I recommend you visit Atufft's page for lots of fun and helpful SF advice:
[original VT link]

Los Angeles , city and greater L.A. spots:
Westside LA (West LA, Brentwood, Westwood)
Silverlake
Santa Monica- [original VT link]
Newport Beach- [original VT link]

Have a look at my travel pages for all kinds of L.A. advice.

Have fun. You are coming to California during a wonderful time.

.....

One unique feature about southern California is that in winter you have a very good chance to experience the mountains (ski, snowboard, make a snowman) and go to the beach (to swim, sunbathe) within 24 hours. If you enjoy the cold/mountains, go to the Big Bear resort and then head to a fun beachtown like Santa Monica or Laguna Beach.




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answered on 6/23/16 by
a VT member from Stockton

We have stayed three times at the St Francis in the last 18 months and haven't found it dated or in need of much of anything. We always get a room overlooking Union Square so there is much to see and if the Christmas decorations are still up is an awesome view. There will also be an ice skating rink.

We are going again in two weeks, but staying at the Hilton Union Sq only because I am using points.

We will be using the "F" line historic trolley cars to get to the wharf and our tour of Alcatraz. So I can provide a little more in a view weeks.

Also, take a look at Wild SF Walking Tours. We did the China Town walking tour last year and loved it. Will probably do a couple of more in the future.

Within walking distance of Union Sq is a great place to eat. Le Colonial has great food and ask for the cucumber martini if it's not on the menu.

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answered on 6/23/16 by
a VT member

To answer your question, I would stay one night in Monterey or Carmel, 2 is better if you have the time since there is so much to see in the area. The Aquarium is first rate and needs 2-3 hours. Monterey will have slightly cheaper lodging, depends on your budget.
The second (or third) night I would stay in either Cambria (nice inns on Moonstone Drive) or Pismo Beach. Morro Bay is also a possible. Sorry but I do not care for Solvang, full of kitsch and sometimes has busloads of seniors on a trip.
As mentioned, neither the bus nor the train travel Highway 1 so if you want to see it a car is necessay. There is transit to Monterey but it is seasonal.
As far as wine tasting, what my late husband and I always did was share a glass, the wineries let you do this. Also we would only take a small sip or two and dump the rest into the dump bucket. Third tip, just because they are pouting samples of, say, 7 wines does NOT mean you have to try each one. If you like whites you can skip all or most of the reds and vice versa. Try to visit no more than 3 wineries with a lunch break in between.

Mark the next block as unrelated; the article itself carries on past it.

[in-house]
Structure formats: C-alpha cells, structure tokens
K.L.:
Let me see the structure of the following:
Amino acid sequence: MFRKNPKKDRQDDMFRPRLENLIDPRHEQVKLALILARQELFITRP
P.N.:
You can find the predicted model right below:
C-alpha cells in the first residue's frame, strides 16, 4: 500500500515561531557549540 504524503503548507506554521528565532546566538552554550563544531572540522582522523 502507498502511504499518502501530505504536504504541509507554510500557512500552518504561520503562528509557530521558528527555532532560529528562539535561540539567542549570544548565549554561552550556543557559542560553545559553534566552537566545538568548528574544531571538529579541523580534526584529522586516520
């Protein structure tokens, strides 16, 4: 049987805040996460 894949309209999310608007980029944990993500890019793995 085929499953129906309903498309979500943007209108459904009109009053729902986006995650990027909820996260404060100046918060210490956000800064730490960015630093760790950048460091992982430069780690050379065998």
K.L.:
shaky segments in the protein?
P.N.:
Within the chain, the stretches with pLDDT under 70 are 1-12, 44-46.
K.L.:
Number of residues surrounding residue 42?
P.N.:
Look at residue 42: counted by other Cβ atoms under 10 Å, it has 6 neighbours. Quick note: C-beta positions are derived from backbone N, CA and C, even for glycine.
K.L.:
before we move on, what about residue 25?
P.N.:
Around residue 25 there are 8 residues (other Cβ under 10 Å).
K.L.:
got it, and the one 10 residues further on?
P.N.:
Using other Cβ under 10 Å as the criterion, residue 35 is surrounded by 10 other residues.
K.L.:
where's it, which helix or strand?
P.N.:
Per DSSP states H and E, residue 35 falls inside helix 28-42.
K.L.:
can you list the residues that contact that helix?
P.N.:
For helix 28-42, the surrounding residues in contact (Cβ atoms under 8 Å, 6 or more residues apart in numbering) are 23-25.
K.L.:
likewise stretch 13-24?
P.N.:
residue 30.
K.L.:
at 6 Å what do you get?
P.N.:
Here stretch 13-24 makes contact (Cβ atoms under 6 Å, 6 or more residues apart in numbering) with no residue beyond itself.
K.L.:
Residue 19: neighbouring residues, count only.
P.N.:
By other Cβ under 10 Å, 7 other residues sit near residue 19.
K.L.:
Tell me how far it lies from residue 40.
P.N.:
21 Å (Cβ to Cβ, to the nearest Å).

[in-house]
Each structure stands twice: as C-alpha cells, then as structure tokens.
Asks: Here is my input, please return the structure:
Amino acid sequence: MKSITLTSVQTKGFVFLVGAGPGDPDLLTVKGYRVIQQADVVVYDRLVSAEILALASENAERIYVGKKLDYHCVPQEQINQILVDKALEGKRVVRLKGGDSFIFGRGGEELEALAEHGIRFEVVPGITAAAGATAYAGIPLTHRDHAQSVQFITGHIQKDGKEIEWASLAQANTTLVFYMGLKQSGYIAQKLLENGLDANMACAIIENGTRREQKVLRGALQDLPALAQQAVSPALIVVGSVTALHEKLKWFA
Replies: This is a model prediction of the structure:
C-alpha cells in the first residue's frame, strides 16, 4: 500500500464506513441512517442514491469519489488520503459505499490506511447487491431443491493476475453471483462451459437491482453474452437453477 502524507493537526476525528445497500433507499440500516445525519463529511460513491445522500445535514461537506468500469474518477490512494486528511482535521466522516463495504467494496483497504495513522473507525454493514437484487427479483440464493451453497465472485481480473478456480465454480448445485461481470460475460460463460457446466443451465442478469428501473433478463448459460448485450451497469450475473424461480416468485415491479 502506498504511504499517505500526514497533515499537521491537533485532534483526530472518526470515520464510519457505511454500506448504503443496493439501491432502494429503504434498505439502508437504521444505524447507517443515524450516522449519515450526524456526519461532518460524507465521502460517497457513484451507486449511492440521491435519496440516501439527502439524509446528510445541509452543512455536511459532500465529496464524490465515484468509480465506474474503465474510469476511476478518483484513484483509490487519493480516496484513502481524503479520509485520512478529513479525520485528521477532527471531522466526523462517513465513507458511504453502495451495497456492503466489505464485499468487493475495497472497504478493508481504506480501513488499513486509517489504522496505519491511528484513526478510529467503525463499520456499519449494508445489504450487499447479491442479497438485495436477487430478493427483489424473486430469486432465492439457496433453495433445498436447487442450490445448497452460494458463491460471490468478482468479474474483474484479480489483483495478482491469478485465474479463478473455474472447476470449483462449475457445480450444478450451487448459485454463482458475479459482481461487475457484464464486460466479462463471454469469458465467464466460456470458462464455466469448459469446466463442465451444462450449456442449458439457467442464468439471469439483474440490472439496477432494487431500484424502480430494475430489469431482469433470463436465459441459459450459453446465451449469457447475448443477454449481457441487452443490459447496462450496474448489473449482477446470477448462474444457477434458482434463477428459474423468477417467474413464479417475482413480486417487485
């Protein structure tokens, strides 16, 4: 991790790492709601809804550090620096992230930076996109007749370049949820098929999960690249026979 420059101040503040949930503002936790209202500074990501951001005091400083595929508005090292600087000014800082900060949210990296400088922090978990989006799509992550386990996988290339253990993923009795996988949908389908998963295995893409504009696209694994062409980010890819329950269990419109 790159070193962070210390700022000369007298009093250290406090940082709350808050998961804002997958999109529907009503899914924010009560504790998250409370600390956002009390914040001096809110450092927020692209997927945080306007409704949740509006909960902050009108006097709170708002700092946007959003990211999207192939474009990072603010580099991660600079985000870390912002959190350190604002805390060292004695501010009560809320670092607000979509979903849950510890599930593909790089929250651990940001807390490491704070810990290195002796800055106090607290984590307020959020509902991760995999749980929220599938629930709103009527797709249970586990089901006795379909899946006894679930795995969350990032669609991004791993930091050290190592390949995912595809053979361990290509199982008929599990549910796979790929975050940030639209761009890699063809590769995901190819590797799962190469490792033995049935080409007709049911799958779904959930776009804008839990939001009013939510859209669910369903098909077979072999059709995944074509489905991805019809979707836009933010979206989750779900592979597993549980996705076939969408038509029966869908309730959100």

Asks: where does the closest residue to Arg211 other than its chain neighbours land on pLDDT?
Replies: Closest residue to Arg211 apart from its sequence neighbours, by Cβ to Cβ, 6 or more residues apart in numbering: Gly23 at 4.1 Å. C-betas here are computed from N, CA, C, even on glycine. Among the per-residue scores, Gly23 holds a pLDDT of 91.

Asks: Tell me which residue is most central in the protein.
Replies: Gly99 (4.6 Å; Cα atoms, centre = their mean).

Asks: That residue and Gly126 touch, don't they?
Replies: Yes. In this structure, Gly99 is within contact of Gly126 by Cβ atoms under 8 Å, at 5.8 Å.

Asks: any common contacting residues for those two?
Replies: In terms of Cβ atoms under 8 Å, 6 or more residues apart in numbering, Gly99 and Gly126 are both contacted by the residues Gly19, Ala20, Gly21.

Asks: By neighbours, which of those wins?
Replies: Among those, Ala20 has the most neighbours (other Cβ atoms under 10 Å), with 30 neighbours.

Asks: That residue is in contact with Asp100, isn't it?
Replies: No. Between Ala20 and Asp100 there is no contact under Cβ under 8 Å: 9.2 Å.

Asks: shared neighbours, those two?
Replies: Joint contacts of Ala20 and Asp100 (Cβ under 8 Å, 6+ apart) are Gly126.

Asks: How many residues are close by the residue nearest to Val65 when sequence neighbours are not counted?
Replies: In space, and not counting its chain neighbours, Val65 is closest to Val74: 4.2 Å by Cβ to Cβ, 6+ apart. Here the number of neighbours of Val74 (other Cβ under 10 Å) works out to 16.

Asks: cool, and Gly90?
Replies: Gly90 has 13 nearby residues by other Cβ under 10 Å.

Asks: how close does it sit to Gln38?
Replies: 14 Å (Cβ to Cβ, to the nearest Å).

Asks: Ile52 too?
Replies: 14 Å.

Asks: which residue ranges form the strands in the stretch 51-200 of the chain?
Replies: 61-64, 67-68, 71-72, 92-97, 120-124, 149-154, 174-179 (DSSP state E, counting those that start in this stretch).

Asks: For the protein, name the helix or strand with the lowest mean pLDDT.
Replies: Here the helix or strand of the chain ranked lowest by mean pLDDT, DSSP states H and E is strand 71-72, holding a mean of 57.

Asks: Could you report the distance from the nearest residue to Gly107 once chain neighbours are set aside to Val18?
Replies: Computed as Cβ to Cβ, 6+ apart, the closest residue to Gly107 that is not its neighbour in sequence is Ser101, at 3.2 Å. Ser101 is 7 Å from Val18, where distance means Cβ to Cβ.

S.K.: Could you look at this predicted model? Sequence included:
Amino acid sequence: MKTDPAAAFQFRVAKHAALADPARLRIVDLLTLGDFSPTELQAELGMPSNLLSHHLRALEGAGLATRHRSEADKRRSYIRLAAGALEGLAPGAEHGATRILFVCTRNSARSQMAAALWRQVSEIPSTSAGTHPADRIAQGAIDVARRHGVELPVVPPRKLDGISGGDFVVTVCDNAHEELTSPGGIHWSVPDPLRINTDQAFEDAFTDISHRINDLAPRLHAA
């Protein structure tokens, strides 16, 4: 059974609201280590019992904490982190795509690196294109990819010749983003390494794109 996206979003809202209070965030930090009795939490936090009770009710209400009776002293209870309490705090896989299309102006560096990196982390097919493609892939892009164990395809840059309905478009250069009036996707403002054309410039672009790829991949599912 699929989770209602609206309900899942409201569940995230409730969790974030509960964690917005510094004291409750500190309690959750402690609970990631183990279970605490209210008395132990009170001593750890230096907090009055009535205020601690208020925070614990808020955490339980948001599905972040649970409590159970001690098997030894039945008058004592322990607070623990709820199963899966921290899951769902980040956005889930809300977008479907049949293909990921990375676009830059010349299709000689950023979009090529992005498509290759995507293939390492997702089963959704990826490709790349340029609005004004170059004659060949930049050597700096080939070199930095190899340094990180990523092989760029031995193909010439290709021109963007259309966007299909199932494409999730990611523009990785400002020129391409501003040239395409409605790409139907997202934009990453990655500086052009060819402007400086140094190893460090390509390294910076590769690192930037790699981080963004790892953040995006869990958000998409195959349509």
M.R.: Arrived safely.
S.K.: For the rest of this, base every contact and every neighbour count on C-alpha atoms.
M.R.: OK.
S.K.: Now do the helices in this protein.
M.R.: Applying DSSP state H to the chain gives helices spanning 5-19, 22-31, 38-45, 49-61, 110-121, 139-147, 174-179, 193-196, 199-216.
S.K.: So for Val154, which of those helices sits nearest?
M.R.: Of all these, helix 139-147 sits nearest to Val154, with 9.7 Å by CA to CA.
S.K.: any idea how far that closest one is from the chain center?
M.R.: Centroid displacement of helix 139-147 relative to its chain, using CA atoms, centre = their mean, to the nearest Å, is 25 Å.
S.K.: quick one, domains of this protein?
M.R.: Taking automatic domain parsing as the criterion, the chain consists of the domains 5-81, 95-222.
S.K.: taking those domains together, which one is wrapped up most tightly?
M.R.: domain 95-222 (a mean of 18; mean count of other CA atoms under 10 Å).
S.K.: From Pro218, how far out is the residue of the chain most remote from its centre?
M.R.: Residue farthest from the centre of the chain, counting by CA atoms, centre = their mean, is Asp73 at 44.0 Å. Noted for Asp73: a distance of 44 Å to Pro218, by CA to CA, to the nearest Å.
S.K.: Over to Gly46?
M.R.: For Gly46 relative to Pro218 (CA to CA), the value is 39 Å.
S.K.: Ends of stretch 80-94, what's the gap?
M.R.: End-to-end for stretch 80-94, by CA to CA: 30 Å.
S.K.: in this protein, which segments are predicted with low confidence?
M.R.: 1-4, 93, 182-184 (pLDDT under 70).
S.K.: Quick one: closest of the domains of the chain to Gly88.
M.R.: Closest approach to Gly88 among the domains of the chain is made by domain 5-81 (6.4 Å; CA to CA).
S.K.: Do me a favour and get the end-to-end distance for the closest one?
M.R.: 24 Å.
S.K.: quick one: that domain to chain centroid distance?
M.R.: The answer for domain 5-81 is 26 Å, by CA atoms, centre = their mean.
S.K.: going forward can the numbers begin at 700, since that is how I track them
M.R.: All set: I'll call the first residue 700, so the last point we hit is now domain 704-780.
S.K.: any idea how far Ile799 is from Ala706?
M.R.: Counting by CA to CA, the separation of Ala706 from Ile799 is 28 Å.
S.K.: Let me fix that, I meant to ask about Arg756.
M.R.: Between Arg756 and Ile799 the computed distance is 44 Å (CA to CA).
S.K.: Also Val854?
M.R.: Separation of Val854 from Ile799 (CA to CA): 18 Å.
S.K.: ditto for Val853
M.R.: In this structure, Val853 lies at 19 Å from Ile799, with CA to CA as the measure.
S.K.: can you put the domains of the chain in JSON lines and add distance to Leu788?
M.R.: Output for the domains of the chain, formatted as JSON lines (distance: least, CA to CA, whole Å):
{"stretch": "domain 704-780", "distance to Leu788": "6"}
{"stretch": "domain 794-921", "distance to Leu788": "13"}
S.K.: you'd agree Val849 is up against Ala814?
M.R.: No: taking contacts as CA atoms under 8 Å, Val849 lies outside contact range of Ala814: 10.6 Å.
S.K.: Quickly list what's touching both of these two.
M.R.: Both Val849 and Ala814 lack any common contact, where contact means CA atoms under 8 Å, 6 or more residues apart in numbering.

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answered on 6/23/16 by
a VT member from Ringwood

I spent a week in San Francisco at the end of March and agree that a car would be a liability. I travelled widely in the suburbs using public transport and rarely saw a vacant parking spot in the street.

Mention was made of getting from Los Angeles to San Francisco. I took the train option and it was very good. Admittedly in the opposite direction. Booked in advance the Amtrak fares were reasonable and a seniors' fare was available.

My option was the "Thruway" route via Bakersfield. A bus takes you from one of many pre-booked locations in the greater Los Angeles area and you transfer to the train at Bakersfield. Transfer is simple because the bus stops close to the train platform. The train ride isn't spectacular but the carriages are comfortable and the stops are well announced. There were a couple of stops were people were allowed to stretch their legs on the platform for a few minutes.

Another bus takes you from Emeryville across the Bay Bridge to downtown San Francisco. But cross platform transfer to BART can be made at Richmond so that might be more convenient.

Luggage was not an issue.

The other "coastal" train route is longer but has the benefit of starting from Union Station in Los Angeles.

I used a "Clipper" card in San Francisco and found that most convenient. There are one, three or seven day tourist passes that can be purchased separately or loaded on a Clipper card.

The cable cars are used mostly by tourists and are always heavily loaded. An early morning ride (around 7am) is recommended to avoid the crowds as is a late night (around 11pm) ride back from Fishermen's Wharf. The lightly loaded cable car trundling along quiet streets with the noise reverberating off the buildings as you pass by was an unforgettable experience.

I rode public transport to different parts of San Francisco and got the impression tourists and visitors did not venture into many areas that I found fascinating especially if you stop by at a local café or coffee shop.

A wonderful experience, not widely known, is the weekend 76x Muni bus that crosses the Golden Gate Bridge. An excellent trip at the cost of an ordinary fare.

Visitors from overseas, especially, might find the constant presence in San Francisco of homeless and intellectually disadvantaged people somewhat confronting at first but it's something you quickly get used to. This time I saw an elderly man defecating at a bus stop near the cable car terminus around 5pm. That took me back a little, as an Australian, but as my daughter, who lives and works in San Francisco, told me "Dad; all part of the San Francisco experience".